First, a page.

A Teacher’s Perspective on Connecting Students to Nature

For this issue’s Interpreting Nature column, please welcome guest author, Robert Jeffers. Mr. Jeffers, a teacher at Dorsey High School, is a key component to the success of the Greenhouse Program over the past five years. A Los Angeles County Teacher of the Year, and Finalist for California State Teacher of the Year, Mr. Jeffers is also involved in education policy through fellowships and conferences. He teaches English, Film, and Environmental Stewardship courses for 10th-12th grade students, and he is also faculty advisor for the school’s EcoClub. In the essay below, he speaks to the importance of getting students involved in nature-related activities

“Hey Mr. Jeffers, I think that’s a Steller’s Jay! Can you help me ID it?” asks Monica in her always earnest tone when it comes to the species she loves. Even armed with iBird Pro 6 in my iPhone I didn’t want to admit that I couldn’t help her out, and as usual I deferred to the more experienced birders in my life during this Spring Break class trip to Yosemite. At the same time I couldn’t really contain my joy at both Monica’s budding skills as a birder and at her growing interest in our feathered friends. She’s a bona-fide bird-nerd of the highest order and I couldn’t be happier or prouder. Sure, Monica was probably born with a proclivity toward the natural world and toward animals, but if I’m being honest it’s a program like the Baldwin Hills Greenhouse Internship that’s nurtured what started as a kernel of interest into something that she may pursue in college and beyond. Credit for Monica’s evolving interest should be spread around, but much should reside with those of Los Angeles Audubon who support the Greenhouse Program. I can’t impress enough how powerful a program like this can be for our city’s “at risk” youth.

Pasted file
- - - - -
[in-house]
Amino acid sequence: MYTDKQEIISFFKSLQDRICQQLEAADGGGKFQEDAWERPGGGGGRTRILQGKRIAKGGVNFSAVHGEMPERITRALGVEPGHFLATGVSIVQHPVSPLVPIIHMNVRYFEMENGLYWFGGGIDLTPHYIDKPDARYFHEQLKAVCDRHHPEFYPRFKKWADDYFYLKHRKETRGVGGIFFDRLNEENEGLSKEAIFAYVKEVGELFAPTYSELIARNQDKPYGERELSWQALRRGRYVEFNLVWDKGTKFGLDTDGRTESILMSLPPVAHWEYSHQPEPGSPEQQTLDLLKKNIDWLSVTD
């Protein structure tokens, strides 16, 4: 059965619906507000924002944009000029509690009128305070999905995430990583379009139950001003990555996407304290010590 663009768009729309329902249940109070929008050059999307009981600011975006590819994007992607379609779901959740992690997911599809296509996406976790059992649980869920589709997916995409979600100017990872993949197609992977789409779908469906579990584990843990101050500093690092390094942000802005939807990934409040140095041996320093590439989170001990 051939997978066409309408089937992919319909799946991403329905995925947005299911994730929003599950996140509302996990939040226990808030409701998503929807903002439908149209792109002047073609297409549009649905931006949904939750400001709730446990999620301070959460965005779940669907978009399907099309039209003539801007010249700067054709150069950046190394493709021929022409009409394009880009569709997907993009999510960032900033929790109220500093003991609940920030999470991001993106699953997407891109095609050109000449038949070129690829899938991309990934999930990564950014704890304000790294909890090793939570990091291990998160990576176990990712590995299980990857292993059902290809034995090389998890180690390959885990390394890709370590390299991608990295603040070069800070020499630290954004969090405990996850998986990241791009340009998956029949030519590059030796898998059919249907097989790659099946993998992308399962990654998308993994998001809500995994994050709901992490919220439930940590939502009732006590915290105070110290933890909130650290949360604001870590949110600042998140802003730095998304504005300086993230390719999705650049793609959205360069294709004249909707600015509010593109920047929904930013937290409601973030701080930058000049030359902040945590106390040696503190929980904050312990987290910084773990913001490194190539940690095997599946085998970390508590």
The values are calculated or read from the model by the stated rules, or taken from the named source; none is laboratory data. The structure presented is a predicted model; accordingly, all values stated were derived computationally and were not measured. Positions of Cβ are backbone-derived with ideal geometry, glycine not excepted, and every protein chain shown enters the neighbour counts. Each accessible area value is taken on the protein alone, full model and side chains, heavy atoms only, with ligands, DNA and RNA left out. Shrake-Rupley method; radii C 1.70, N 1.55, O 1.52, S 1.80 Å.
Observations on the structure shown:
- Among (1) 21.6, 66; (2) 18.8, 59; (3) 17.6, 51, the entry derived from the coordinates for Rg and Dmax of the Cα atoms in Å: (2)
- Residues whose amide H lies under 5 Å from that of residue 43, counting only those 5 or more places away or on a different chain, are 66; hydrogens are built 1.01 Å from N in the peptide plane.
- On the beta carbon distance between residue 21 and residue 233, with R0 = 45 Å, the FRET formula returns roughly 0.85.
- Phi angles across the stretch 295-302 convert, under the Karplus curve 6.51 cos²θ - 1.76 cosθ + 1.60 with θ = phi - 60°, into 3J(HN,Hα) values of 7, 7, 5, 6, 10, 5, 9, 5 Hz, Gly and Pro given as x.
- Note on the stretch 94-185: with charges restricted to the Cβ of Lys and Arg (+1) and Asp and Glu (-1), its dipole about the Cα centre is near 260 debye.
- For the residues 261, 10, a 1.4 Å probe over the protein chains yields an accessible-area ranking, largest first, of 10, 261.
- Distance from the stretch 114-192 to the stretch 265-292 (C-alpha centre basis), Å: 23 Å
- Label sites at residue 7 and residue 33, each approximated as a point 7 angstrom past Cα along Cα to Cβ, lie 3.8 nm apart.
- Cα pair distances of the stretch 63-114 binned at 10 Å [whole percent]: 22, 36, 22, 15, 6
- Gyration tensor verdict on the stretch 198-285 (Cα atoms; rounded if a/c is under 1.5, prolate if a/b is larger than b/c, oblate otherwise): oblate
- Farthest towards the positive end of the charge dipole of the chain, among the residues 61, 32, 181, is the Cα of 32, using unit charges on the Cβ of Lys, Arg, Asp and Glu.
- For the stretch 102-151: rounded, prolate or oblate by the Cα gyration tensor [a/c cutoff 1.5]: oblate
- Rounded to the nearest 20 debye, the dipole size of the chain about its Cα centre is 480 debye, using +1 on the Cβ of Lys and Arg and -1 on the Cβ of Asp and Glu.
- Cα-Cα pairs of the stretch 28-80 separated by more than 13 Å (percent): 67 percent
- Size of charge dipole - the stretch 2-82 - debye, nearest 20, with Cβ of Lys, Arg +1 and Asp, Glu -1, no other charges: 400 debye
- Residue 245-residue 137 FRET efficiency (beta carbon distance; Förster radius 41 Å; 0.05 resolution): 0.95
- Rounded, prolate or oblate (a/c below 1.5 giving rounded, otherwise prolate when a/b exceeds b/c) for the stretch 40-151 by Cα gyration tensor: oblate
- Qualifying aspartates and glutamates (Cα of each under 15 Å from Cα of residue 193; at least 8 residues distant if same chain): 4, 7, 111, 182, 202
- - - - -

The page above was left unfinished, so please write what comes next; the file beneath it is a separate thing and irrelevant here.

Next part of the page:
My tenure in LAUSD started now ten years ago when I moved here from Seattle to join Teach For America as an English teacher. Having come to LA by way of Seattle, and before that Humboldt County in Northern California, the natural world always held special sway for me even though I was neither a biologist nor naturalist by trade. And, as a teacher, I’ve witnessed arguments about Nature Deficit Disorder by those like Richard Louv play out in real time, so I worked to integrate elements of the natural world into my curriculum inside the classroom and through extracurricular activities like running the campus EcoClub and working with organizations like Outward Bound Adventures, Inc. to get students off the pavement and onto the trail. Now in my ninth year at Dorsey High School, I’m more than convinced that students, especially inner-city students like mine, need nature for both their personal and academic development. Dorsey is in a special position, as it’s located less than three miles from Kenneth Hahn Park and the Baldwin Hills Scenic Overlook. This access to parks can provide Dorsey students with the very thing they lack, green space. Though geographically close to these parks, my students don’t necessarily have a “nature connection” or think of these areas in terms of ecology and conservation. Even though a brisk 45-minute walk could get most of my students to these parks, many students don’t go – the lack of a car, potentially unsafe walking routes, or the obligation of weekend and afternoon babysitting obligations often serve as obstacles keeping students close to their homes and away from the parks. In addition, most Dorsey students live in apartment buildings without yards, and the few that do live in houses tend to have limited yard access. Nature is not easily accessible to them, a tragedy as alarming as any below-basic test score, and it demonstrates even more the divide that exists between students of disparate socioeconomic strata. While many see test scores, and only test scores, as the sole metric of student achievement, I find lack of exposure to the natural world just as troubling. Economically challenged inner-city students and families rarely have the time or the money to vacation in nature like their wealthier counterparts might. The Greenhouse Program tackles this disparity directly and offers a bridge that links students to nature in a way that conventional curricula might not. Being a part of the Greenhouse Program has been a high point in my career as an educator. Over the past ten years I’ve taught thousands of students at two different high schools in Los Angeles – I’ve received recognitions, awards, and been published at local, state, and national levels. I feel that I know the educational needs of inner-city students – and in particular, the urgency with which they need quality education both inside and outside the classroom.